Berlin's Senate has approved a sweeping reform of the city's housing policy, limiting rents on close to 400,000 public housing units to no more than 30 percent of a household income.
In a policy change expected to go into effect on January 1, 2016, rental costs for public housing units in Berlin will be tied to household income. Feargus O'Sullivan of CityLab reports that the change will affect 125,000 public housing units and 280,000 units from state-owned housing companies. To qualify for social or state-owned housing, tenants are currently limited to an annual income of $18,040 for single people and $27,060 for couples (figures in U.S. dollars).
From now on, low-income tenants in these homes will have a guarantee that rent rises will not price them out…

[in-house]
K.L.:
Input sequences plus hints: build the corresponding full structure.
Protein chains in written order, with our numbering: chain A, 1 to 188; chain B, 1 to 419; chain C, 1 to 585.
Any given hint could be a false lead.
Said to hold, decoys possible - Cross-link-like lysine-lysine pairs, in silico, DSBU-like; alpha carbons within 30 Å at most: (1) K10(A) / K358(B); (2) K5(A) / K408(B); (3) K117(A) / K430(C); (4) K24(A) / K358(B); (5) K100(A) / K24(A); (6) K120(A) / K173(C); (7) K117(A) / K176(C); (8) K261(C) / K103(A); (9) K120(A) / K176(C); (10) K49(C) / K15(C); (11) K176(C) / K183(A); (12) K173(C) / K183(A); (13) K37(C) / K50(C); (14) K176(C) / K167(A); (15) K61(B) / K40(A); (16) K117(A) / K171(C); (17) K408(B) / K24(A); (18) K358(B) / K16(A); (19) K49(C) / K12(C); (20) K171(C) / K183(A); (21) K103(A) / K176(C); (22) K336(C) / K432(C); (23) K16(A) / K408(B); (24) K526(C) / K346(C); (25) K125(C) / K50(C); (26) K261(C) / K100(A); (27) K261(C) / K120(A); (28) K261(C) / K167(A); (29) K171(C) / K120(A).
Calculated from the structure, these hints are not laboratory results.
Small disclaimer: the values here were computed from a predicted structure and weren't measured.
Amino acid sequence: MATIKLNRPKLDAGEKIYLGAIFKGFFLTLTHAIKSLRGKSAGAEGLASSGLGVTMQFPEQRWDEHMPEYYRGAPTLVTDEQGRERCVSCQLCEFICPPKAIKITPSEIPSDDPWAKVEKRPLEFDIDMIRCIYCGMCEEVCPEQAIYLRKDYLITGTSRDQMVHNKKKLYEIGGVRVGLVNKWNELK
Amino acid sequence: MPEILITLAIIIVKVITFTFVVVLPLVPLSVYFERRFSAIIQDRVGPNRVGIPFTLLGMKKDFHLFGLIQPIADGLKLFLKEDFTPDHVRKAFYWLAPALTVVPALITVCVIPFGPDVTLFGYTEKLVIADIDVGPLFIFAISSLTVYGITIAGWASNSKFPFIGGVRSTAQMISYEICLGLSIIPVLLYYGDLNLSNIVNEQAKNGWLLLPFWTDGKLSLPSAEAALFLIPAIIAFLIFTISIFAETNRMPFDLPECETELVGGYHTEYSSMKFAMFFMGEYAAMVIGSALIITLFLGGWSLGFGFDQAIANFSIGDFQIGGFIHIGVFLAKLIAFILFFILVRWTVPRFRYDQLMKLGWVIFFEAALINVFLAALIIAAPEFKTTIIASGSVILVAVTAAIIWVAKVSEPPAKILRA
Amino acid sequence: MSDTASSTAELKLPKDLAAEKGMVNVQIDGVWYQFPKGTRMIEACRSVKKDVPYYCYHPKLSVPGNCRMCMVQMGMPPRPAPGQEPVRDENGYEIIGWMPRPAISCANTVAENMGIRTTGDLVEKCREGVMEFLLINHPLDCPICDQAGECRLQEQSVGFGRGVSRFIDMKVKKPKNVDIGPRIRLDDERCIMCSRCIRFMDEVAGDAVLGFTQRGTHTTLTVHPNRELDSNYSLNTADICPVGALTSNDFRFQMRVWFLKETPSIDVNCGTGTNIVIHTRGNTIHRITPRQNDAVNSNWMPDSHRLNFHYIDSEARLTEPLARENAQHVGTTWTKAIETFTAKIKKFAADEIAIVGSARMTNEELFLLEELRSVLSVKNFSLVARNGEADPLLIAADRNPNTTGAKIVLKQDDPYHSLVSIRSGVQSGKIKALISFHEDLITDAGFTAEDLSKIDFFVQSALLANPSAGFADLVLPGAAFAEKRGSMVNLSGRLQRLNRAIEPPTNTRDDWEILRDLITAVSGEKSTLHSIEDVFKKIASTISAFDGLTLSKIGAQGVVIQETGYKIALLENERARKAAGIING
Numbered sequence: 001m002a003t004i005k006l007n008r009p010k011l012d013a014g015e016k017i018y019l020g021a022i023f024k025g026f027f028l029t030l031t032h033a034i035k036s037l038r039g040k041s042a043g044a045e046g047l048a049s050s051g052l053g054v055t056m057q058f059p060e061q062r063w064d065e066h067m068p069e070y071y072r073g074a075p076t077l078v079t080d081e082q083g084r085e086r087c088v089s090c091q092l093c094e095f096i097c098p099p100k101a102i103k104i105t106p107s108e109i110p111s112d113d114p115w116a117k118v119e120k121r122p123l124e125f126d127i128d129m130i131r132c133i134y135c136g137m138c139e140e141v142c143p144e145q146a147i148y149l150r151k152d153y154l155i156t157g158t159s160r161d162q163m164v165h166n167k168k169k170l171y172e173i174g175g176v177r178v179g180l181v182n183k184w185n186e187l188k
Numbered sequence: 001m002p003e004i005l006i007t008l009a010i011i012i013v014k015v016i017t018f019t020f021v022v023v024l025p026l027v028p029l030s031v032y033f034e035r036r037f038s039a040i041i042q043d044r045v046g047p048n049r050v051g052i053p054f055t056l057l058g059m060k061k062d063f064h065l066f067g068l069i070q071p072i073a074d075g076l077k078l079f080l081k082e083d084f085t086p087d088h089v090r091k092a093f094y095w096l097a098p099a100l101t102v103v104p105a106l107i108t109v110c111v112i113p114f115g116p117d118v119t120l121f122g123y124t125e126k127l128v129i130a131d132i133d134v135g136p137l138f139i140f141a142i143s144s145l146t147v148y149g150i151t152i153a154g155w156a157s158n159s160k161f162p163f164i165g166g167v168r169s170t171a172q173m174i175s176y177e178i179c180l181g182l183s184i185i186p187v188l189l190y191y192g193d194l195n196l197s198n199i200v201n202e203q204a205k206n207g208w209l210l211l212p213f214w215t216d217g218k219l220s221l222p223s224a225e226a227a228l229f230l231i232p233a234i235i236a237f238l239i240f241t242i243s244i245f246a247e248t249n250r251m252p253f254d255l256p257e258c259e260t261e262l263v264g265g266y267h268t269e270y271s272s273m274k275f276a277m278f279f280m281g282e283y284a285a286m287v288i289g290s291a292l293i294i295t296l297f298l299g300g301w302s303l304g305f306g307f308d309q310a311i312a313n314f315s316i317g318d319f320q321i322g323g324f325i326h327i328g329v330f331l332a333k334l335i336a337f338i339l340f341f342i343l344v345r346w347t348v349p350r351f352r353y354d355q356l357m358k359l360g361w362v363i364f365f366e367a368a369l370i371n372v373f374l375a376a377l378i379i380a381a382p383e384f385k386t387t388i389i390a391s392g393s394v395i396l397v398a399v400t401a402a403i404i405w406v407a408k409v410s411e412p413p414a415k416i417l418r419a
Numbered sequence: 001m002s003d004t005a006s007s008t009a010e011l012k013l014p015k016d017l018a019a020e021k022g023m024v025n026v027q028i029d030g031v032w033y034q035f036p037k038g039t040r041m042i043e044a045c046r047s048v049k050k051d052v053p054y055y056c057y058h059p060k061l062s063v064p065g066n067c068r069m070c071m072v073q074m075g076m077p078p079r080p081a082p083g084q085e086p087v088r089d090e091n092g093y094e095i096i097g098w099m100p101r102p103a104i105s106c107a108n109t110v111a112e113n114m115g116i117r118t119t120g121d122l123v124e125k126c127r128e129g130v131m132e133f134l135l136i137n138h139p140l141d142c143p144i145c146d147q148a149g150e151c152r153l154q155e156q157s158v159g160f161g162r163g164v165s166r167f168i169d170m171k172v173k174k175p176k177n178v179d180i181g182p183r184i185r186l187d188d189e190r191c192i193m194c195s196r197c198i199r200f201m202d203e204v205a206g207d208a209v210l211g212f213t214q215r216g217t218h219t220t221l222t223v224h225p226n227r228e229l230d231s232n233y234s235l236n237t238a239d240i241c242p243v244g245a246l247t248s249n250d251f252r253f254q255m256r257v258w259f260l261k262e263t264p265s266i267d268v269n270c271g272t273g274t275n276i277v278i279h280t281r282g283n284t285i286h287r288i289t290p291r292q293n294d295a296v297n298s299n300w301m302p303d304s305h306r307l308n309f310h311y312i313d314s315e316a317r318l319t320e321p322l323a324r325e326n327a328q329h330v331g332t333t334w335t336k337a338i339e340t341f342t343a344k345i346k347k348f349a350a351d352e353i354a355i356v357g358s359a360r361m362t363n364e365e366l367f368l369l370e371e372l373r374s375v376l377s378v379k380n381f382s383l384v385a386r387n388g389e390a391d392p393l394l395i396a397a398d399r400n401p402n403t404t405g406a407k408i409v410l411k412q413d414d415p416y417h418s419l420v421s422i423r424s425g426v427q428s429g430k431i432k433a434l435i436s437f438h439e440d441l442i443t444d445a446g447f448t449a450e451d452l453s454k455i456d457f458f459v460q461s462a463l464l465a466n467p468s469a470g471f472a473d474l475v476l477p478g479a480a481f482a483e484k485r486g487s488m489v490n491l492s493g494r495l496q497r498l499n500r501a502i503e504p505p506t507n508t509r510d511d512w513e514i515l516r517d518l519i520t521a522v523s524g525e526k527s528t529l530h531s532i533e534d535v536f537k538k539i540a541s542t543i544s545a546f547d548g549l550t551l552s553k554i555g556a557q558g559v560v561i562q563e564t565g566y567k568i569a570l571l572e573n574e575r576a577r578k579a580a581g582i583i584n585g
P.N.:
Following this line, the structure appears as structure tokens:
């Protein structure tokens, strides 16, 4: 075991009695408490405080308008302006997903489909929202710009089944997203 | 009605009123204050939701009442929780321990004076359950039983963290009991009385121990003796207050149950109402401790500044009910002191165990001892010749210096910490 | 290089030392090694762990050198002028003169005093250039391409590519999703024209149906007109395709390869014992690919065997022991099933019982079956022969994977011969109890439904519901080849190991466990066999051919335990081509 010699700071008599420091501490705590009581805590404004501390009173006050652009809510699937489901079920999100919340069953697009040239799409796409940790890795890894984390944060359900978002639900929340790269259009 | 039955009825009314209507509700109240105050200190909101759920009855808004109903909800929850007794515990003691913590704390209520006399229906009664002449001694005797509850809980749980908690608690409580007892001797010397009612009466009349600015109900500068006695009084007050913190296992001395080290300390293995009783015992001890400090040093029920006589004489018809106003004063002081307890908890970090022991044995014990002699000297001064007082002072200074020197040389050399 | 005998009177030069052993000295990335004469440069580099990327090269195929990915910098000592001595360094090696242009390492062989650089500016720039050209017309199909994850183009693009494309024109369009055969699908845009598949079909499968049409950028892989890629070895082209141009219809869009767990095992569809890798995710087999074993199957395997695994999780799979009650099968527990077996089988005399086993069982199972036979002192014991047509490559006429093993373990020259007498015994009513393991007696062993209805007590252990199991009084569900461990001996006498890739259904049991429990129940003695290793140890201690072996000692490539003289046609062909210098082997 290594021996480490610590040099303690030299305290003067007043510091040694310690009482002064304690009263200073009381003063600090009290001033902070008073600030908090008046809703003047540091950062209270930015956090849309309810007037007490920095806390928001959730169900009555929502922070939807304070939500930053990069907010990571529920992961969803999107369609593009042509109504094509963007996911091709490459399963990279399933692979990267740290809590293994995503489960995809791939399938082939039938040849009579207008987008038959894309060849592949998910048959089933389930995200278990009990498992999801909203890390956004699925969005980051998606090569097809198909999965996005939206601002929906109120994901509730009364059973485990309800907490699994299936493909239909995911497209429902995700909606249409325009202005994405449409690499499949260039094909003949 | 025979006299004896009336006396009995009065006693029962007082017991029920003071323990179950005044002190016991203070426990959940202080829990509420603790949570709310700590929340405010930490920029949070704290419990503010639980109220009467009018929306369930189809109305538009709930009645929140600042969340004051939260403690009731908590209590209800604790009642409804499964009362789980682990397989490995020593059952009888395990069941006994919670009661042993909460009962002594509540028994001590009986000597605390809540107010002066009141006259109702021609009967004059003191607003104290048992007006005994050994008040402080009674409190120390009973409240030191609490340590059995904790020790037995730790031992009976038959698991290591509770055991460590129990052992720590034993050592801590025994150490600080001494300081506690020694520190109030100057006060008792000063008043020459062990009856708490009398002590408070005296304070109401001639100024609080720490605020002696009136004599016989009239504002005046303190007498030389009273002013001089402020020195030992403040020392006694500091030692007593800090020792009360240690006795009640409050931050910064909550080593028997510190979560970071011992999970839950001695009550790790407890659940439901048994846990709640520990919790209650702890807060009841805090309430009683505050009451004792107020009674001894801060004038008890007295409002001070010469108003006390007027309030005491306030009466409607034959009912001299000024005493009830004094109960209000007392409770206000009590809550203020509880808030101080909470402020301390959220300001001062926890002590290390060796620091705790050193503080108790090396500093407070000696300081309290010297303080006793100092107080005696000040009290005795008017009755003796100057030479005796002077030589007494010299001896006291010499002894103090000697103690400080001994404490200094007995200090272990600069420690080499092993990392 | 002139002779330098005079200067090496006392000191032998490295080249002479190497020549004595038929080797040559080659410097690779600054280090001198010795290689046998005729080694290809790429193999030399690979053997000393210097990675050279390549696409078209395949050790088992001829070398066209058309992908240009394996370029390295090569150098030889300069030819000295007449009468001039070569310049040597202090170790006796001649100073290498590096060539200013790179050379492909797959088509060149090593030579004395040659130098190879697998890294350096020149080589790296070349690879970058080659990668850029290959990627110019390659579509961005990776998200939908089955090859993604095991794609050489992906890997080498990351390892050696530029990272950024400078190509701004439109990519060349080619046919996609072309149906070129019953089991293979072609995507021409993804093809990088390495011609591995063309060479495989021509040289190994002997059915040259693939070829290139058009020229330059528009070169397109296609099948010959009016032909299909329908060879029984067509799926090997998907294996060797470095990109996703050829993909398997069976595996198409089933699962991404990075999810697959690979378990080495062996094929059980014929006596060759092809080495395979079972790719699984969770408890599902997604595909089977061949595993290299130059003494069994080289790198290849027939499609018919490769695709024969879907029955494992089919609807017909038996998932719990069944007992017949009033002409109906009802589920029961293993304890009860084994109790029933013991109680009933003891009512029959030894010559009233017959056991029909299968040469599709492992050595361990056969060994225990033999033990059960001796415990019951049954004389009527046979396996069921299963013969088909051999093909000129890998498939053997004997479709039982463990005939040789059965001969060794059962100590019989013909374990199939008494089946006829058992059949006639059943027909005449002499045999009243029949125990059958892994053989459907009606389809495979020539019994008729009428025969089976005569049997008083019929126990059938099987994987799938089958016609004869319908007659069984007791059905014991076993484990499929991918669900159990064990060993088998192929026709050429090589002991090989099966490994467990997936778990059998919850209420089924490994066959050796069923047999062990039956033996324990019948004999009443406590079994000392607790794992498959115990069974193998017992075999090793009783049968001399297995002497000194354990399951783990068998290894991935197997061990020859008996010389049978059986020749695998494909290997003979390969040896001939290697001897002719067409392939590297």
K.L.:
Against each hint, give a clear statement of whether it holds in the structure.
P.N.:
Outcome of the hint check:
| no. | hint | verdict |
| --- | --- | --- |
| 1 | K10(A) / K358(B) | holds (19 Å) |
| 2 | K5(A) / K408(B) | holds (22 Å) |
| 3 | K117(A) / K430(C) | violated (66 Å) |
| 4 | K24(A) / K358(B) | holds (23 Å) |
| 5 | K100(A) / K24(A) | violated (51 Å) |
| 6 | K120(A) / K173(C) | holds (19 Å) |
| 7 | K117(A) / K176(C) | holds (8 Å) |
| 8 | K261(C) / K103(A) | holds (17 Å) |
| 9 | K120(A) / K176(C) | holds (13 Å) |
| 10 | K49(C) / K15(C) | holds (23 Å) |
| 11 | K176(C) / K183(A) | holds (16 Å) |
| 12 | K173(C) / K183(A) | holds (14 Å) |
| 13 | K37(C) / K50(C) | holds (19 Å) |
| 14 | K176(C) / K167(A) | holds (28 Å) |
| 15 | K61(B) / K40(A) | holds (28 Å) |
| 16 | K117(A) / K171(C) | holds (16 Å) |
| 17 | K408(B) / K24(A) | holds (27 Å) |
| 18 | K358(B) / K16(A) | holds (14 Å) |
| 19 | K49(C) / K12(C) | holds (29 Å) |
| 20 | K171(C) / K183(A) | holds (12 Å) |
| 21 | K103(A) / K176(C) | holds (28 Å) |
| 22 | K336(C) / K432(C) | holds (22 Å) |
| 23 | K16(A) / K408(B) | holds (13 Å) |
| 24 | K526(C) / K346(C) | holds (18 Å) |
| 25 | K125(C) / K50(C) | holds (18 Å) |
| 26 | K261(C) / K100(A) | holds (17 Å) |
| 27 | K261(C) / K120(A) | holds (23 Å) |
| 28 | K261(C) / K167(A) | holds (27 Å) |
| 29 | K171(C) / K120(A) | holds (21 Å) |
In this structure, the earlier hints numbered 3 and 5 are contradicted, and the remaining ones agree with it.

People on low incomes living in social- or state-owned housing will pay no more than a third of their gross income in rent. For tenants in a few buildings with especially high energy costs, that ceiling will be dropped to 25 percent of gross income.
The change, O'Sullivan reports, will allow renters in fast gentrifying neighborhoods to remain in-place with greater protections. Support for renter rights is strong in Berlin, and across Germany, due to the high numbers of renters—estimated at 85 percent of households in Berlin.
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